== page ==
Trench warfare is a type of warfare characterized by the establishment of defensive emplacements lodged in trenches, with both sides occupying trenches for the purpose of holding a defensive position. This type of warfare becomes a very slow war of attrition, with both sides picking away at each other in an attempt to gain an advantage. It is infamously brutal and horrific, and is perhaps most closely associated with the First World War, in which the infamous trenches in France were occupied from 1914 to 1918.
Several factors coalesced to create the phenomenon of trench warfare. The first was tremendous advances in ballistics which made traditional frontal assaults logistically difficult. The increased accuracy of weapons and the increased lethality of artillery turned a traditional charge into suicide, making more defensive approaches necessary. The development of better supply tactics also contributed, by making it possible to hold an area for a prolonged period of time with the assistance of supplies from trains and trucks which approached the trenches from the rear.
In trench warfare, both sides establish fortifications including sandbags, walls, and barbed wire fences while digging trenches. The trenches are designed to provide cover from artillery. Once ensconced in a trench, an occupying force is extremely difficult to dislodge, because even though casualties may be suffered, reinforcements can be brought up from the rear. The area between trenches occupied by rival forces, known as “no man's land,” can be used as a staging area for charges and sorties, although soldiers in no man's land are very vulnerable to attacks from the other side.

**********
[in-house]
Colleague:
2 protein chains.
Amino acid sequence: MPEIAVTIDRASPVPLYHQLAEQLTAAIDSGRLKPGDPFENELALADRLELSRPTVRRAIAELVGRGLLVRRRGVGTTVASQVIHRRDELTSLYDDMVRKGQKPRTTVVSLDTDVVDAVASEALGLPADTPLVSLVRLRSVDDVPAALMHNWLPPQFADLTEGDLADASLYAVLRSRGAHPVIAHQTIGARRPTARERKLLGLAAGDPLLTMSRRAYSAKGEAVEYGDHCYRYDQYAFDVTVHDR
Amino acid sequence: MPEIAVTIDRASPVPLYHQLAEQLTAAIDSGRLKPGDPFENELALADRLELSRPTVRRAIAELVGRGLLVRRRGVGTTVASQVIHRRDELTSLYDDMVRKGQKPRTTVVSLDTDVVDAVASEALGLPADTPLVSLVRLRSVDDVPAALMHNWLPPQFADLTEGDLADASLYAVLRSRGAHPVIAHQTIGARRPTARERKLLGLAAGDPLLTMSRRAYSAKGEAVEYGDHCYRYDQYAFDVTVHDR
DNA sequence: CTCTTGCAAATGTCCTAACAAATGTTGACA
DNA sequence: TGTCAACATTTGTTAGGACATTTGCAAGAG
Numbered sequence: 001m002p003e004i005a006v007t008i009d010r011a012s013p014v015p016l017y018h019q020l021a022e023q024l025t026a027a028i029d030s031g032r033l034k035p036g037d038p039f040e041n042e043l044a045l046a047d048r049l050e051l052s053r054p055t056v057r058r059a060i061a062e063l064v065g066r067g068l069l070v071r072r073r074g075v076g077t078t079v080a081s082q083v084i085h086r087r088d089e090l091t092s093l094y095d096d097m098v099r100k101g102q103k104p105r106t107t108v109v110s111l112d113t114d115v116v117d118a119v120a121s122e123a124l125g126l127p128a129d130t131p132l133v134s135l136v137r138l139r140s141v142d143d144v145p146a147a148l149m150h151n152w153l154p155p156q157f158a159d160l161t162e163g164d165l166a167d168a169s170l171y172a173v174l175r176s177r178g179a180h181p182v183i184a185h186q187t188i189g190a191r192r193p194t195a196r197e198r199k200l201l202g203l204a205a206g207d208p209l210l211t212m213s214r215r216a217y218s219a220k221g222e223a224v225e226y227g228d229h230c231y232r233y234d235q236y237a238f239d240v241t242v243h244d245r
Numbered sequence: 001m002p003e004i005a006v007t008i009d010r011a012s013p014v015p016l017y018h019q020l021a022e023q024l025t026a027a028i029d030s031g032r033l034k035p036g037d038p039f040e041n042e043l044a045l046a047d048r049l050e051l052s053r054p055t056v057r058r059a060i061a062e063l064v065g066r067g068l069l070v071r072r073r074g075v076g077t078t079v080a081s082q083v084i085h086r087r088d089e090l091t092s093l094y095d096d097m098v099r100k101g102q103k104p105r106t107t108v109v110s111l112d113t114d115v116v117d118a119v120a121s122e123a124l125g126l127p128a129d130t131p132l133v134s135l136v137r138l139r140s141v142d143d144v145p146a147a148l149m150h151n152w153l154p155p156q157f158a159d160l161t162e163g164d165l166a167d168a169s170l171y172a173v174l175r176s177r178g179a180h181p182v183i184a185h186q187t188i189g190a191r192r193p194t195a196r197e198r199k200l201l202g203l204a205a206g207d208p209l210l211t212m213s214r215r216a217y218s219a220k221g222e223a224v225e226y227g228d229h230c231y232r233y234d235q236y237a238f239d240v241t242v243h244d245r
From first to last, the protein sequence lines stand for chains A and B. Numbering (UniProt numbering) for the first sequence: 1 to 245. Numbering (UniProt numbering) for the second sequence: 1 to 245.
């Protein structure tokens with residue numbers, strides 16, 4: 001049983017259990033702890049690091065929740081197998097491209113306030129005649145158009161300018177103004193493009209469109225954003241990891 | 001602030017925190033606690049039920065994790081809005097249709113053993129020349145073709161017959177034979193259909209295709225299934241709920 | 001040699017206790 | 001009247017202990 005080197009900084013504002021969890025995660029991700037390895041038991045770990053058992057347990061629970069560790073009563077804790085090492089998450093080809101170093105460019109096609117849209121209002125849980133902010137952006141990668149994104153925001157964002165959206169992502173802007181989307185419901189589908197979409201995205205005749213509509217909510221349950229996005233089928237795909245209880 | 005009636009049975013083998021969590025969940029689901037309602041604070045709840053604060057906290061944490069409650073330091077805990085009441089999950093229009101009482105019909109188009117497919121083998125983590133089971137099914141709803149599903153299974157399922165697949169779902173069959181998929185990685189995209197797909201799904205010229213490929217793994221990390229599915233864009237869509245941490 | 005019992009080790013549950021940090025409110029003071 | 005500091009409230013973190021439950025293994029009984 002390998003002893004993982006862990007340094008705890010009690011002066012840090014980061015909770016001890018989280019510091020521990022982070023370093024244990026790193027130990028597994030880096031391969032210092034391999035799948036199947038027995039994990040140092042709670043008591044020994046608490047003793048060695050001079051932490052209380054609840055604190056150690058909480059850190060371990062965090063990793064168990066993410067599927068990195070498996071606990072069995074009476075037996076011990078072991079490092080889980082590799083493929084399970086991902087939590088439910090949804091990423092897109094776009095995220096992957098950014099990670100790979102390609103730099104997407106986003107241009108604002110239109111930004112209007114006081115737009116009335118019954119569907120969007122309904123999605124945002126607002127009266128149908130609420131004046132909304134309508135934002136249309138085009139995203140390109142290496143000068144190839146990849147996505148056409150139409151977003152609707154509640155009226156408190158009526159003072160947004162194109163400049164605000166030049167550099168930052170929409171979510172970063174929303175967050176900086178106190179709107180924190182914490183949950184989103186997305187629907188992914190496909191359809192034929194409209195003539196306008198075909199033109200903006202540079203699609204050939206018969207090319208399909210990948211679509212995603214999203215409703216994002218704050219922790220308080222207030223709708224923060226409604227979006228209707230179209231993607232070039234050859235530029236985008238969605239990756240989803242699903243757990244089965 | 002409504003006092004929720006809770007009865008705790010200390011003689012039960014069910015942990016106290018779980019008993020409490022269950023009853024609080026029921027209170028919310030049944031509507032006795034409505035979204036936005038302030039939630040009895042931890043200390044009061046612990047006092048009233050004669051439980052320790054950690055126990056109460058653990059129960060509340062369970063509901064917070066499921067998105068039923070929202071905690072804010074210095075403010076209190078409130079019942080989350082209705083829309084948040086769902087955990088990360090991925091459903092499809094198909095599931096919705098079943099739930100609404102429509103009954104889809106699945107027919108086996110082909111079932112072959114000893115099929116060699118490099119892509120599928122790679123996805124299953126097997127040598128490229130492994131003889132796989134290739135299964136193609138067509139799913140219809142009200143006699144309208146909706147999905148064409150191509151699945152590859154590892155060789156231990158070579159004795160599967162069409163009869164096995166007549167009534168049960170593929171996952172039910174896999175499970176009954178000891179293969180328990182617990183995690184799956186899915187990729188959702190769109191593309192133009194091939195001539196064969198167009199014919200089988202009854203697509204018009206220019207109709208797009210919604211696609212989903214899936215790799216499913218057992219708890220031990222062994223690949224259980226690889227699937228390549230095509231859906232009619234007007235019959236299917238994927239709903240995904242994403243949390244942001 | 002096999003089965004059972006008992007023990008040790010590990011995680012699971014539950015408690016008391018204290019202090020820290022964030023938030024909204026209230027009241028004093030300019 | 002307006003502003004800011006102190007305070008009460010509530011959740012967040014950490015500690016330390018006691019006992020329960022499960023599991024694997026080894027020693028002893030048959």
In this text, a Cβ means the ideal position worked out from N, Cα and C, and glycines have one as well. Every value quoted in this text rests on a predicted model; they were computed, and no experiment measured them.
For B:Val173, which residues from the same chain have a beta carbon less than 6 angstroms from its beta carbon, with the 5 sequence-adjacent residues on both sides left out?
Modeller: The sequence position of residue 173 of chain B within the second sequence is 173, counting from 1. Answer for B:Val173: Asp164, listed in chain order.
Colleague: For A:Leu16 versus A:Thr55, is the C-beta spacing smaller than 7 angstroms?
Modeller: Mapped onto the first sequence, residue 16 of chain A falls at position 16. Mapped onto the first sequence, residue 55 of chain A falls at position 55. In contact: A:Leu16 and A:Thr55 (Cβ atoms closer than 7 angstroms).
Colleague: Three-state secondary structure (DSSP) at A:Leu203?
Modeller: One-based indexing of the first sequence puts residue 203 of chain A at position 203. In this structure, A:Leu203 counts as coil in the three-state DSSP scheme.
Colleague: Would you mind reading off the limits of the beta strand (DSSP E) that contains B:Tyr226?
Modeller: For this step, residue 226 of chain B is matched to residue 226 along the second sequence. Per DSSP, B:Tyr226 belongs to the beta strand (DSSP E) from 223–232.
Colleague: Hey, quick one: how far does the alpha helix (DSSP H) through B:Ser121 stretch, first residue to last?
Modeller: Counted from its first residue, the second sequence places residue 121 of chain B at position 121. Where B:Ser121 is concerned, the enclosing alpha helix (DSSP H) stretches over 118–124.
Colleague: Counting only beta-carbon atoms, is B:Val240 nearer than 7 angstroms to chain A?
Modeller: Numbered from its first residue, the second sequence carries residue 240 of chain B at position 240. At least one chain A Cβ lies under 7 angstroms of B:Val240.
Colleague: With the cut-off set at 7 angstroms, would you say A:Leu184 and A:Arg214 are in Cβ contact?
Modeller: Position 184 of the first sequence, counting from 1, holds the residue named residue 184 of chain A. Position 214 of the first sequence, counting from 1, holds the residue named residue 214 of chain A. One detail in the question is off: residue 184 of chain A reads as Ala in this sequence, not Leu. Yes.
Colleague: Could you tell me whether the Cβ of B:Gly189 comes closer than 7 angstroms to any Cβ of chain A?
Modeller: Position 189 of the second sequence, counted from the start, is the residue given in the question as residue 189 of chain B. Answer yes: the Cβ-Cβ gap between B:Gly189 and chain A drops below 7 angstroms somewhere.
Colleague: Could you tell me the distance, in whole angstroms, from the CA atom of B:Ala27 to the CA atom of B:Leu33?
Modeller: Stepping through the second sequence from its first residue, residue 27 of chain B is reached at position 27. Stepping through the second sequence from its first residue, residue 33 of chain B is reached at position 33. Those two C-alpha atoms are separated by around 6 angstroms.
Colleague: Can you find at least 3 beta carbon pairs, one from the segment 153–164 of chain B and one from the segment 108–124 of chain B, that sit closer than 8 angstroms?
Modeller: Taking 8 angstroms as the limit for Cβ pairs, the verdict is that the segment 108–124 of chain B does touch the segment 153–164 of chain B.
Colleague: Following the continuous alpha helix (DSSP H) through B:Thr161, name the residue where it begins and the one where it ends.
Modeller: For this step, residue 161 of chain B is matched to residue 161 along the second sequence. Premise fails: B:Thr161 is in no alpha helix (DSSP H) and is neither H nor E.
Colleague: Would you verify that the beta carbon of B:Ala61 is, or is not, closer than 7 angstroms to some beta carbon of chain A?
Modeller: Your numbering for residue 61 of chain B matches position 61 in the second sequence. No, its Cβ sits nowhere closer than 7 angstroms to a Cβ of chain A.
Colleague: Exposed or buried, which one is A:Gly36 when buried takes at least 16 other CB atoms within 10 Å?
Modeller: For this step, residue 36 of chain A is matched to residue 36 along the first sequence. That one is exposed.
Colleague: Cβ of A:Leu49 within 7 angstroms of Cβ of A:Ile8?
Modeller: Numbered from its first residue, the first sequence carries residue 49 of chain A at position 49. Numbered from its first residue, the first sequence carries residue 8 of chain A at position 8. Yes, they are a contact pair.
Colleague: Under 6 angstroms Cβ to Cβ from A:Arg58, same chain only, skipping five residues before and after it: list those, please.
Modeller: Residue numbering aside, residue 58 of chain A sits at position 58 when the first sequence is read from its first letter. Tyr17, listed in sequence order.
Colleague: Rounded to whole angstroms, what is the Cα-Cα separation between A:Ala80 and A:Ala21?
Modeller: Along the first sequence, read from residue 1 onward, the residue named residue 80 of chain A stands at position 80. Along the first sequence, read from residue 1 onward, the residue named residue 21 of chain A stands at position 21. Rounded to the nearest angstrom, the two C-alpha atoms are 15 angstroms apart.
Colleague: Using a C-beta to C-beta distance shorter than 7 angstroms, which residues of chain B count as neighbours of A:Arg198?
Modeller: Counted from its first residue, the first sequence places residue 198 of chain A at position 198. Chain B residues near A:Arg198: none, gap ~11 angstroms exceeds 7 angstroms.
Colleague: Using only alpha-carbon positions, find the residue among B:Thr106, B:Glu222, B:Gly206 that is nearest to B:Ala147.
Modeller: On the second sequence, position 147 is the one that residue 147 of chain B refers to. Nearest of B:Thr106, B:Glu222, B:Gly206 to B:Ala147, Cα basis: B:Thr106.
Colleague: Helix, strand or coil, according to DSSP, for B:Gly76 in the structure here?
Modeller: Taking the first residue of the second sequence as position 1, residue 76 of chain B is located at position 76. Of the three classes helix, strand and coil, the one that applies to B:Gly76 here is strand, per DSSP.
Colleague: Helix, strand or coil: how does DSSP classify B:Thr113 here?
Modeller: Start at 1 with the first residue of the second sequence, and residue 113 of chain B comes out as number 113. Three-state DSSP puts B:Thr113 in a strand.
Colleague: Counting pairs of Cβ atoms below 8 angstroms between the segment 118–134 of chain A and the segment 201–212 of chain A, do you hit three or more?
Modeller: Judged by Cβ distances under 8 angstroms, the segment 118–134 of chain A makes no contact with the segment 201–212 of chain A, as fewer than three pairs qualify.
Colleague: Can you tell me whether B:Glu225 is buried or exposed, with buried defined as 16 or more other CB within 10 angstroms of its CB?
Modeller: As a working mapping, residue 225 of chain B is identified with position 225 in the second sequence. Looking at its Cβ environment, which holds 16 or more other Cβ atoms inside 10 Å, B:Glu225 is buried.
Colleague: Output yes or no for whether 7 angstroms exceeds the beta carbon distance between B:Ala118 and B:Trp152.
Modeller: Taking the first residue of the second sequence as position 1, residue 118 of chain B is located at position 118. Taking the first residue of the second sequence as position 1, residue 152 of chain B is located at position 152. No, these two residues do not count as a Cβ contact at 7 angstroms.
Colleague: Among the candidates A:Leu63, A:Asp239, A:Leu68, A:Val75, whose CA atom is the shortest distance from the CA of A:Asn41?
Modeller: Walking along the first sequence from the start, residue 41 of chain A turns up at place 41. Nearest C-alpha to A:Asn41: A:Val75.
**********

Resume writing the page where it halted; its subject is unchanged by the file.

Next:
In the trenches, life is nothing short of horrific. During the First World War, dead bodies were allowed to lie in shallow graves in the floors and walls of the trenches, contributing a strong odor to the already intense stench of unwashed bodies and overflowing latrines. Supplies of food, while available, were not usually of very high quality, and soldiers were typically covered in lice and prone to serious infections which could kill them before they even fired a shot in anger. Conditions in the trenches were also extremely stressful, with soldiers subjected to artillery barrages from the other side, and sniper's bullets if they dared to poke their heads over the fortifications. This contributed to the development of psychological problems among soldiers stationed in the trenches. Many militaries responded to psychological issues with a firing squad, ordering soldiers executed for acts of perceived cowardice or desertion.
Military actions in the trenches could be accomplished in a number of ways. German forces in the First World War notoriously used gas to kill or incapacitate rival soldiers before going “over the top” of their emplacements so that they could storm and occupy trenches held by rival forces. Artillery was also used in an attempt to subdue enemy forces before launching an attack, and both sides used snipers and small commando teams to maintain a constant state of tension and fear. For much of the time, rival forces ended up in a standoff, with both successfully holding their trenches but no movement occurring in either direction.
When soldiers successfully occupied enemy trenches, they might find themselves within shouting distance of enemy forces, who typically gave up ground reluctantly, retreating just far enough for safety. New occupiers also inherited all of the creature comforts which might have been left behind, ranging from stockpiles of food to gramophones with stocks of records.
The brutality of trench warfare has been immortalized in a number of films and books, including books by soldiers who actually endured it. All Quiet in the Western Front and Life in the Tomb are two examples of novels about the First World War written by veterans who survived trench warfare.